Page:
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Corps of Discovery ~ Private Silas Goodrich

For Private Silas Goodrich of Massachusetts the Lewis and Clark Expedition was a fishing trip of a lifetime, because most of the Corps route followed two great river systems, the Missouri and the Columbia.  You too can discover a fishing trip of a lifetime @ 10,000 places to fish.

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Private Silas Goodrich Continued ...

Captain Meriwether Lewis's pre-expedition supply list
The small amount of angling gear in Captain Meriwether Lewis's pre-expedition supply list suggests that he did not foresee fishing as crucial to the Corps survival but rather perhaps as an emergency backup system, a means of varying the Corps diet or the opportunity for a pleasant diversion. At a cost of $25.37, Lewis acquired 125 hooks, several dozen assorted fish lines, a Sportsman Flask, and an 8 stave reel. He also bought hooks and lines as gifts for Indians.

The Lewis and Clark Journals (Abridged Edition): An American Epic of Discovery (Lewis & Clark Expedition) of the Expedition don't have much to say about fishing methods or the baits that were used. At the Great Falls of the Missouri, Lewis wrote in his journal that Goodrich was using meat and grasshoppers for bait.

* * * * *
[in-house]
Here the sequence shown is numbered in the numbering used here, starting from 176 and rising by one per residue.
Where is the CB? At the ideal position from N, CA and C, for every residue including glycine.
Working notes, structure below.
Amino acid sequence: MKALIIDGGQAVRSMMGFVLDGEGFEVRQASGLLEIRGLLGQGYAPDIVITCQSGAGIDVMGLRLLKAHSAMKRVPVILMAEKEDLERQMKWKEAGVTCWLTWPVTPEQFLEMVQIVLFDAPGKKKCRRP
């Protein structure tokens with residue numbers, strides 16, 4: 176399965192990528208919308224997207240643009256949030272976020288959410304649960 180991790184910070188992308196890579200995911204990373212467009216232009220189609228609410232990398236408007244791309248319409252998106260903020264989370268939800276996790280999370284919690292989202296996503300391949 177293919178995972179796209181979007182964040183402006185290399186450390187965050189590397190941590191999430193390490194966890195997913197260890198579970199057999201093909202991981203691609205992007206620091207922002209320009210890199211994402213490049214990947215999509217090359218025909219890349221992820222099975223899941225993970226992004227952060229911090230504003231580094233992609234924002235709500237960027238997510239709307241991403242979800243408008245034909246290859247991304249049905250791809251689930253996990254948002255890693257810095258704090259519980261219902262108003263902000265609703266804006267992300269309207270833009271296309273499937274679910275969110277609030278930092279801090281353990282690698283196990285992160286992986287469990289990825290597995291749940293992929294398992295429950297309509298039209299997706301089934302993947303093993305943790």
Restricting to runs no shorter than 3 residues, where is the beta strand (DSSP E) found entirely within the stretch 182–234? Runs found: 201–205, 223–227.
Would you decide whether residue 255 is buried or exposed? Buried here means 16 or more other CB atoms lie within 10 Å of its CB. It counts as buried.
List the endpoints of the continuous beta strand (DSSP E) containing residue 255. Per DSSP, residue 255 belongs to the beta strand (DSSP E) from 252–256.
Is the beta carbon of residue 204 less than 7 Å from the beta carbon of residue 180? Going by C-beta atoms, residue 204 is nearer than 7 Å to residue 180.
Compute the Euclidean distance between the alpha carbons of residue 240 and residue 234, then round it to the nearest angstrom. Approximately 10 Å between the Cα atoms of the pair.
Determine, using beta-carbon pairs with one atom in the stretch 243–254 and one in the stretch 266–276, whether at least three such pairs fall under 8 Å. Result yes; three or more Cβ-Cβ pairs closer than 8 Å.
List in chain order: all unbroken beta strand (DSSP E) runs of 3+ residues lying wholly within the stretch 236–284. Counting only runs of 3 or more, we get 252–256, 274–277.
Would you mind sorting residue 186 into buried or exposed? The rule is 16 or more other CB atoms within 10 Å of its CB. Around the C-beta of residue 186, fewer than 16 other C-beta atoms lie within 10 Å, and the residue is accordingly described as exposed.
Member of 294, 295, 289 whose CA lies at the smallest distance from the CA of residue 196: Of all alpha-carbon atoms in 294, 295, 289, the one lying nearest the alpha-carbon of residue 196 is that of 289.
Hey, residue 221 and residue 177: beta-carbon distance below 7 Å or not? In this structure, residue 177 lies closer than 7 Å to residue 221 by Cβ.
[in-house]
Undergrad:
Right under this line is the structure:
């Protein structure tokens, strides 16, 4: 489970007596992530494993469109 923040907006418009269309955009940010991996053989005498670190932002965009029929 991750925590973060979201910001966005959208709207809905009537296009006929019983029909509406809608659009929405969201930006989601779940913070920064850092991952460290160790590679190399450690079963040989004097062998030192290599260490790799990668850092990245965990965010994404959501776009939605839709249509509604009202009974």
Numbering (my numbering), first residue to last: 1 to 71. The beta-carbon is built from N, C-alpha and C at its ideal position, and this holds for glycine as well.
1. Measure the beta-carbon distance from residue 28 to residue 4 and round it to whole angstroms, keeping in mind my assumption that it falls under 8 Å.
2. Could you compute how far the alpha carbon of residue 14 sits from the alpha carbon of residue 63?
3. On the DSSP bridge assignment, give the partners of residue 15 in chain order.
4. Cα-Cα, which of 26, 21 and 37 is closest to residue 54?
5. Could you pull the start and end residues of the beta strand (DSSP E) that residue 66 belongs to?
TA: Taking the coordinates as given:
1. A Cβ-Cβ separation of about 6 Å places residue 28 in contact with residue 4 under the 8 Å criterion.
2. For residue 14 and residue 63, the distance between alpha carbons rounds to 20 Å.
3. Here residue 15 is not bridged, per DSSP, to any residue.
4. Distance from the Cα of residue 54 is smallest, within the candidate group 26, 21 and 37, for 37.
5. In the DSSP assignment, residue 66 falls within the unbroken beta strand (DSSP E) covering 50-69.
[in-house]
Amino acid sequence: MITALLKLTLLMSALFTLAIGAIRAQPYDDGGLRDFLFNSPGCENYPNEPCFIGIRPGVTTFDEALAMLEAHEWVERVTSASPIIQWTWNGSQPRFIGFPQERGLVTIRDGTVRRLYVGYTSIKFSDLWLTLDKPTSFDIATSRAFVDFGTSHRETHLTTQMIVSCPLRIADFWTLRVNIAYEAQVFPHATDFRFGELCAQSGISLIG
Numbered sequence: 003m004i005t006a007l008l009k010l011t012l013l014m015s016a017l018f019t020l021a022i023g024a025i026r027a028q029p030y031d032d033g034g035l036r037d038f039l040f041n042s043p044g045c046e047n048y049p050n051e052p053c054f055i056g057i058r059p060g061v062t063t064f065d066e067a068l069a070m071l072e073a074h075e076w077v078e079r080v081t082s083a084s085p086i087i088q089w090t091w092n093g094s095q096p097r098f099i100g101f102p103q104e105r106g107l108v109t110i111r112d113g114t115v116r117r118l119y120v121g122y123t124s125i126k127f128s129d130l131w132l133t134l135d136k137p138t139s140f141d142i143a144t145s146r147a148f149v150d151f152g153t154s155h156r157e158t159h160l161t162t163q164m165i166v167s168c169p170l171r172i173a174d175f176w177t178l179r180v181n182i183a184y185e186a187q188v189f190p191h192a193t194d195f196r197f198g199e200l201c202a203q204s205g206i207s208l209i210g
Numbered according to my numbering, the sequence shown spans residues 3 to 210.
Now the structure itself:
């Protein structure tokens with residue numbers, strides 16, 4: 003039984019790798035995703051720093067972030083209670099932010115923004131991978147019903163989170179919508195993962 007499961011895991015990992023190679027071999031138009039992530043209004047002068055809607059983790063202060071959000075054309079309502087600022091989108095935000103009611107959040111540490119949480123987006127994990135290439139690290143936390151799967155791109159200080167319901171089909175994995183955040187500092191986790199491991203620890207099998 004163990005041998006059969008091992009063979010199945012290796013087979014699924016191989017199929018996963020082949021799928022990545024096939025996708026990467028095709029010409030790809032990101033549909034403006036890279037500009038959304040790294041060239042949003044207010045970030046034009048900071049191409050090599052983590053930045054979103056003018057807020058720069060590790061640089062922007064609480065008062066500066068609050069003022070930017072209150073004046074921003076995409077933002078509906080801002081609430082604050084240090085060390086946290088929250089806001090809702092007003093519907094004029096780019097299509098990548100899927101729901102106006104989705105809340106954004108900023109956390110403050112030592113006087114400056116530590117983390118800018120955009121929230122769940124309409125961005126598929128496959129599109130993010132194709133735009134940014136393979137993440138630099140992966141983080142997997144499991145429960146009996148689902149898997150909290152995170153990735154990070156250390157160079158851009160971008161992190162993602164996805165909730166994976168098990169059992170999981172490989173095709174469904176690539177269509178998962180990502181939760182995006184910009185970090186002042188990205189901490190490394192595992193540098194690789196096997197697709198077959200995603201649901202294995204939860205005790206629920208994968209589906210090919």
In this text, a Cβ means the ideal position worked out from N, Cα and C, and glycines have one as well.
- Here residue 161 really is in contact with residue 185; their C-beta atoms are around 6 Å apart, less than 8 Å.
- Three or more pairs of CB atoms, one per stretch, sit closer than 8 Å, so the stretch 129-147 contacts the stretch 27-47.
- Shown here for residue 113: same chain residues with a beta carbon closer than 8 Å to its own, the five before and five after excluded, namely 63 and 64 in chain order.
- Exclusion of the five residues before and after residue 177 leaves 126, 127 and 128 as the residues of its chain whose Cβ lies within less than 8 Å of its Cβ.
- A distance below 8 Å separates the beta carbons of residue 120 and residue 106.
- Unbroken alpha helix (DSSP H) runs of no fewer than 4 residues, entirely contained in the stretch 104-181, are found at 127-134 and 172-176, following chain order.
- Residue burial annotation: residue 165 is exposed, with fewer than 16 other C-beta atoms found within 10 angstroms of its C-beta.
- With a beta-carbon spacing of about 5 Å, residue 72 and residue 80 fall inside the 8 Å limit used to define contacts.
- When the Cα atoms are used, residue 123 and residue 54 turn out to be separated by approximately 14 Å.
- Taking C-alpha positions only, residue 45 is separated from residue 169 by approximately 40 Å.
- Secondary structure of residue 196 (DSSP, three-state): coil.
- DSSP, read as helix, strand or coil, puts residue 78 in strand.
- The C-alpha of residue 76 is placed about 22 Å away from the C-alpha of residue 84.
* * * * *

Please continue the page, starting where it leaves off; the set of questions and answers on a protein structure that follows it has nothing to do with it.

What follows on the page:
On the lower Missouri Goodrich pulled in hugeCatfish catfish, some of them weighing more than 100 lbs.


He had served in the army in Ohio with a former Army captain and friend, William Clark. These two men would work together as partners for President Jefferson. The two were to share joint command as they explored, mapped, and studied a new route to the Pacific.

At the Great Falls Goodrich began to pull in two and three pound trout of a new species. Lewis wrote in his journal, a small dash of red on each side of the first ventral fins the flesh is of a rose red." Today we know it as the West Slope cutthroat.

Lewis next recorded Goodrich's fishing at Camp Fortunate on the forks of the Beaverhead. By this point, game was scarce. The trout Goodrich caught were more than welcome additions to the rations.

Silas Goodrich may have remained in the army after the Expedition. The only known post-expedition record is Clark's note that he was dead by the year 1825.

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